Henry VI Part 1 by David Oyelowo – This is a volume in the Actors On Shakespeare series, in which actors share their thoughts and experiences regarding certain roles. David Oyelowo is the first black actor to play an English king for the Royal Shakespeare Company, playing Henry VI in November of 2000, and this book provides a personal account of some of the worries an actor has when approaching Shakespeare. He talks about the historical inaccuracies of the play, and about learning to ignore the actual history and instead focus on the text. He also talks about the way certain scenes were staged. He writes: “I’ve heard it said that an actor can’t play being royalty; it is a quality given you by those around you. I found this to be true” (p. 15). Regarding Gloucester, he writes: “I took special delight in the Gloucester-Henry relationship because I was aware that it would be my only opportunity within the three Henry VI plays to explore requited love. Henry and Gloucester are never at any point dishonest with each other – the exact opposite of Henry’s involvement with nearly every other character except Talbot” (p. 23). Regarding actors playing multiple roles, he writes: “Michael’s idea to have any actor whose character had died re-emerge as a new character but retain the philosophy of their former incarnation (i.e. remain a Lancastrian or a Yorkist) meant that, even though nearly every actor played more than one character, the audience were never lost as to where their allegiance lay. The idea behind having the actress playing Joan re-emerge as Margaret was so that the audience would make a connection between these two characters, who both in their own ways are England’s nemesis” (p. 45). This book also contains an introduction by series editor Colin Nicholson.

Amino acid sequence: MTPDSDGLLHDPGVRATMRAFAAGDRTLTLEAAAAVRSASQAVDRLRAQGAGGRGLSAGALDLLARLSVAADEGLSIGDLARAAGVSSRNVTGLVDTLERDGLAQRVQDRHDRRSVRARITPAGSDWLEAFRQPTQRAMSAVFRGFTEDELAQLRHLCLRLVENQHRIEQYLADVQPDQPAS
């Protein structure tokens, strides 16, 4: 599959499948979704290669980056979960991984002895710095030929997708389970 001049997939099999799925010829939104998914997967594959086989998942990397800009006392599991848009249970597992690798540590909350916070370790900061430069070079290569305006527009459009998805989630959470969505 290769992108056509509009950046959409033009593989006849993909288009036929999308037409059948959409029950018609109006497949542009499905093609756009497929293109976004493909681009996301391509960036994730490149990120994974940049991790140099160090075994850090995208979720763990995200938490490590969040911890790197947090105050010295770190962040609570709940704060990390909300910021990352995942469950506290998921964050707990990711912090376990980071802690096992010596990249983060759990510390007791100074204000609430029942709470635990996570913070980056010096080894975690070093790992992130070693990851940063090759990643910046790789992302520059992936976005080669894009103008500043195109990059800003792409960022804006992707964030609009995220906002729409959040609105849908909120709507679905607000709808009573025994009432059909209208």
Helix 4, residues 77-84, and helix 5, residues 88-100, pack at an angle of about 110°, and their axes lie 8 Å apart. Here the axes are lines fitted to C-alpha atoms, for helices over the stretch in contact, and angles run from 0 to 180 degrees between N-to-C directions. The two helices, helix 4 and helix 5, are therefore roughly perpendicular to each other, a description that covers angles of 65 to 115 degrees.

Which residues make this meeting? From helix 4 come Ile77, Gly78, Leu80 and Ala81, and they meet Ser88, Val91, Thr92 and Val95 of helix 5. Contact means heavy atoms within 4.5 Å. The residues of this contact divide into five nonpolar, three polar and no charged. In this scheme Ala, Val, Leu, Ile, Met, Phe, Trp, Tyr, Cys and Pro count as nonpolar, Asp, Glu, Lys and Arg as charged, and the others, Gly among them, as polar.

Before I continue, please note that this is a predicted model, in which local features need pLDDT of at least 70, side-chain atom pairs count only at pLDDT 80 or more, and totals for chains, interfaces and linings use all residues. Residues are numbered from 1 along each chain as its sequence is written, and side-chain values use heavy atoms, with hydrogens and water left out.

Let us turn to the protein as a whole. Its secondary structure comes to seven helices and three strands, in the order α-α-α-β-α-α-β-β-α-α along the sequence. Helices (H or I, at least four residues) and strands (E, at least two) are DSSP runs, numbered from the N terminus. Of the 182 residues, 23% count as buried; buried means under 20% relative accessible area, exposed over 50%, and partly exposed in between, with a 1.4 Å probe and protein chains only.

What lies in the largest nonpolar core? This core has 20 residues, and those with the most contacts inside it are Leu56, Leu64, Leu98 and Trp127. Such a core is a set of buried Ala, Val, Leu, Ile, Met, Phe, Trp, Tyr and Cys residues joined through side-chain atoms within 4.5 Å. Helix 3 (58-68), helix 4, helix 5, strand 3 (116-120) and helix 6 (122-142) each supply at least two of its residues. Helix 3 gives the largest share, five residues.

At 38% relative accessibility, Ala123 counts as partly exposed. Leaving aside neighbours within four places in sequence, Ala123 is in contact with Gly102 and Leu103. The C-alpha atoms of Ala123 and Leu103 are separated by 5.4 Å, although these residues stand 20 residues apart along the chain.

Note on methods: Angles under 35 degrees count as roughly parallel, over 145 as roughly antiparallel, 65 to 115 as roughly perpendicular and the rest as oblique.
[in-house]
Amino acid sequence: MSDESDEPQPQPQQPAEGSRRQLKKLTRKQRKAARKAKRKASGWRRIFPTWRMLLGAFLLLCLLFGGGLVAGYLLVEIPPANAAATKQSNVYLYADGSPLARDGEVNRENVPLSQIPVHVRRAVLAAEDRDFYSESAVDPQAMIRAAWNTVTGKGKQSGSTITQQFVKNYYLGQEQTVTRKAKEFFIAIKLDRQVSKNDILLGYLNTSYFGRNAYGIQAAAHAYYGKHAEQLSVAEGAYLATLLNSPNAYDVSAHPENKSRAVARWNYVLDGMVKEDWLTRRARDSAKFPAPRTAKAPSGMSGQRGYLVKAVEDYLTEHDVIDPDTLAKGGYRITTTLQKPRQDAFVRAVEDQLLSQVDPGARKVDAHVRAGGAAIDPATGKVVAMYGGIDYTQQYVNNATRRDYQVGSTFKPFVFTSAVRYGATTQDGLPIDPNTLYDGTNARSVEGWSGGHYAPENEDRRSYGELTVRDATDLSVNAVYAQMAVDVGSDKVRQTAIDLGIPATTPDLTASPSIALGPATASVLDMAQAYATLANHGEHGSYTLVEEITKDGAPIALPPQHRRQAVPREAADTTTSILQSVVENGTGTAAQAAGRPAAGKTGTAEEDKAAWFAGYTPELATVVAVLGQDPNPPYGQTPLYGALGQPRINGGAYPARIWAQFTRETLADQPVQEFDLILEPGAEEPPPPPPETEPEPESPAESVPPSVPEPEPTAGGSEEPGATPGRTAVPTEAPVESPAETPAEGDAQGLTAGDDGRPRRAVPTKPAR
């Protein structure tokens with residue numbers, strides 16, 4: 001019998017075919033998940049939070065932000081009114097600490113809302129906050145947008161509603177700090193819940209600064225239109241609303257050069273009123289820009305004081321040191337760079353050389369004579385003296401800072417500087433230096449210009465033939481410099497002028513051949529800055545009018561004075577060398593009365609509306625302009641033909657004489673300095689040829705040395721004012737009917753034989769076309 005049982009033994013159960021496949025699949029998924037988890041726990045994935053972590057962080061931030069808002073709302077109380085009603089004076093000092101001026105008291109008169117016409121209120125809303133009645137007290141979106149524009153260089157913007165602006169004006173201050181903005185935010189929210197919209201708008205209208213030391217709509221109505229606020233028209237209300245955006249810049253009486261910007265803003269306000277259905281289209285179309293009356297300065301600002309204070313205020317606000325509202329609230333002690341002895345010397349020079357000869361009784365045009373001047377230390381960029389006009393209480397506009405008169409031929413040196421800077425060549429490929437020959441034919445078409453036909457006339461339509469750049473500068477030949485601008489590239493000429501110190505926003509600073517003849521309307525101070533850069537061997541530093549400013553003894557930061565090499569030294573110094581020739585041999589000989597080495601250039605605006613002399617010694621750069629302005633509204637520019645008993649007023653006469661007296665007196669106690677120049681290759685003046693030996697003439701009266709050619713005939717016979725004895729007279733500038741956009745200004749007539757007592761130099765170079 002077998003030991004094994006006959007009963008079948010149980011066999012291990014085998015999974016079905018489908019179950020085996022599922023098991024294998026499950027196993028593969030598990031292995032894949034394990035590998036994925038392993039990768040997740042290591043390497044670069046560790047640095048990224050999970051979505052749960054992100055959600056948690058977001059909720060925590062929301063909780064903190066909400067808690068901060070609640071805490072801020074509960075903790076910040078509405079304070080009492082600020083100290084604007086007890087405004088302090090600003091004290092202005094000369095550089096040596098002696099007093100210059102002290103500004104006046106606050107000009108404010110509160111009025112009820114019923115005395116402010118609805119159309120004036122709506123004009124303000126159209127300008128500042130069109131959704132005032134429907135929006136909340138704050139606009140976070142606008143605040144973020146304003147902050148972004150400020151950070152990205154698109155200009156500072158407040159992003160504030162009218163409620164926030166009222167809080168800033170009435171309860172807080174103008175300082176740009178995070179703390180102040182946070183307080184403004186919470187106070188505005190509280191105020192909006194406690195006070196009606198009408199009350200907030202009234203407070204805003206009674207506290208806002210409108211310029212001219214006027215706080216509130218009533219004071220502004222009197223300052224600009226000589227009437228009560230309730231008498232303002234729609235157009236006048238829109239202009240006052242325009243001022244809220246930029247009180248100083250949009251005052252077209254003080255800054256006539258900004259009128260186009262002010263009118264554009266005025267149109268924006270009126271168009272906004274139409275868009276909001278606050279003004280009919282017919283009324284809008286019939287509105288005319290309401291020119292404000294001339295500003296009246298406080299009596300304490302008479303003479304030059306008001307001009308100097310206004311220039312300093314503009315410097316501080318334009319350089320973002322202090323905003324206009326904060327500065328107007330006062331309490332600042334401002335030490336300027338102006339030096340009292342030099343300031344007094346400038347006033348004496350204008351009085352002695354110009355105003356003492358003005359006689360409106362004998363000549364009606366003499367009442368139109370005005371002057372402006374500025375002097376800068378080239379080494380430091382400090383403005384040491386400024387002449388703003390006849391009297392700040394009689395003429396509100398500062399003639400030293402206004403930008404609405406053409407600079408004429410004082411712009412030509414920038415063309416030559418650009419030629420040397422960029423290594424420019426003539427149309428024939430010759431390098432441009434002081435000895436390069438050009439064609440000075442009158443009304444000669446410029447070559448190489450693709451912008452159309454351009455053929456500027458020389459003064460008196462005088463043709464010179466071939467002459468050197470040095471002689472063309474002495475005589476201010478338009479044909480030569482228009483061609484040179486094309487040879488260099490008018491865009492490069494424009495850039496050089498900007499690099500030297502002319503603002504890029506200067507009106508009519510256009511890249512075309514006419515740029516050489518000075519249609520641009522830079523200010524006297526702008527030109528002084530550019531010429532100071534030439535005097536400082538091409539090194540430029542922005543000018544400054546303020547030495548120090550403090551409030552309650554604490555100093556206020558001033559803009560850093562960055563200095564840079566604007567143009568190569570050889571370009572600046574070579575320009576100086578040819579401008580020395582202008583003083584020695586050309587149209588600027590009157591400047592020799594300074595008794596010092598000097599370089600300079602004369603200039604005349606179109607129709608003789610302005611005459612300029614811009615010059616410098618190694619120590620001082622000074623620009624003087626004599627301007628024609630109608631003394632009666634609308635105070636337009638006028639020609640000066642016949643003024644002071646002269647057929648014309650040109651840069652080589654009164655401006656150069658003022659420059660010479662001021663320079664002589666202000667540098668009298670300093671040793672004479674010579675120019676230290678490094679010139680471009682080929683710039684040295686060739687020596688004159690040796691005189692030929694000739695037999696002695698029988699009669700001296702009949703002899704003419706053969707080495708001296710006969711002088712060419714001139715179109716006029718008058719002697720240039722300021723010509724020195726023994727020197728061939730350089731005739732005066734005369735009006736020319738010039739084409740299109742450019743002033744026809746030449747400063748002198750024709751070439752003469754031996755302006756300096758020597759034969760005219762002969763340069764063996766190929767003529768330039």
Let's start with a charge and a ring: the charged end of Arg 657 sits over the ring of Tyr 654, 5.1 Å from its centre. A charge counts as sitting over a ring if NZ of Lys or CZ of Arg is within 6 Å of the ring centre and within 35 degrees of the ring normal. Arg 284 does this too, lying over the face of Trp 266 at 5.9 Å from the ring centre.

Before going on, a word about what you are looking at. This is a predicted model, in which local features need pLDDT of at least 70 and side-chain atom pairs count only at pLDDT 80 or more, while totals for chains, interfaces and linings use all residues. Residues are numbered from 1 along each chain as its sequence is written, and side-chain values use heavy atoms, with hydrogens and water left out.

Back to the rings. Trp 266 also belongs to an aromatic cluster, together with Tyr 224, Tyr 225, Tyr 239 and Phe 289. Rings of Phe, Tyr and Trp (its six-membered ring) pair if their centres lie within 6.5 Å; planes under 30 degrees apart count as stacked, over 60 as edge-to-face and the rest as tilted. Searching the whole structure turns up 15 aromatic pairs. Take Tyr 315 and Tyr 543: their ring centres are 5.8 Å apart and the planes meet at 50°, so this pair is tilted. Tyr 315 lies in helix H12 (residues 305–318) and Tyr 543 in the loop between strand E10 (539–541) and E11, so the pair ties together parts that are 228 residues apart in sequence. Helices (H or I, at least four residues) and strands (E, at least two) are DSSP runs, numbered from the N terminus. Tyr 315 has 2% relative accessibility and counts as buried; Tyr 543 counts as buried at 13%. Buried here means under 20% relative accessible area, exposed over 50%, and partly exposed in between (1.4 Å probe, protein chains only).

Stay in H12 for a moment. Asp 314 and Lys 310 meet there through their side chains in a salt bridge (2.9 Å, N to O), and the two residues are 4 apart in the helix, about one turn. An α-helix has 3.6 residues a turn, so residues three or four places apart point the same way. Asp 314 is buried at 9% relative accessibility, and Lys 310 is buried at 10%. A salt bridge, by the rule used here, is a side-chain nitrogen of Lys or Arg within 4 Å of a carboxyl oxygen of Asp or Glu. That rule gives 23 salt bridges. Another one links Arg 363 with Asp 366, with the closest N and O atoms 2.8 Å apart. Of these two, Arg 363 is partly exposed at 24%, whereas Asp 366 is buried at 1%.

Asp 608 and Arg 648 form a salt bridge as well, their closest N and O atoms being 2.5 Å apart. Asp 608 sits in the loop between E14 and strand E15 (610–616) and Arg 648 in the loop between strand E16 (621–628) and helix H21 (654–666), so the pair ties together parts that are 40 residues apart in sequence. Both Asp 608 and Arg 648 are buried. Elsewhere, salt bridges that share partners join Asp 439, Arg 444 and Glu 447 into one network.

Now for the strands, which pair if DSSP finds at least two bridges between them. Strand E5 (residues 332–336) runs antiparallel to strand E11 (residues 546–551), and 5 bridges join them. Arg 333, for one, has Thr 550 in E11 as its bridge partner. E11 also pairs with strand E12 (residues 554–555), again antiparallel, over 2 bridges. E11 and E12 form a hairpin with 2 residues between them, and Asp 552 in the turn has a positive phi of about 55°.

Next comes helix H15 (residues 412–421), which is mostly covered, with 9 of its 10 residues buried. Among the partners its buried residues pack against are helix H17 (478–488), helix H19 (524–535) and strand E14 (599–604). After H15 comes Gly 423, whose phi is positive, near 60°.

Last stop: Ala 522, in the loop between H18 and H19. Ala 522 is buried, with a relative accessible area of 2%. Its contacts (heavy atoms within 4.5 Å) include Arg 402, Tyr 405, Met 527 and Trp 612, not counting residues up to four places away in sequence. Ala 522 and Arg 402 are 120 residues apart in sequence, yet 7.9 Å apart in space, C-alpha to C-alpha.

Henry VI  Part 1 was published in 2003.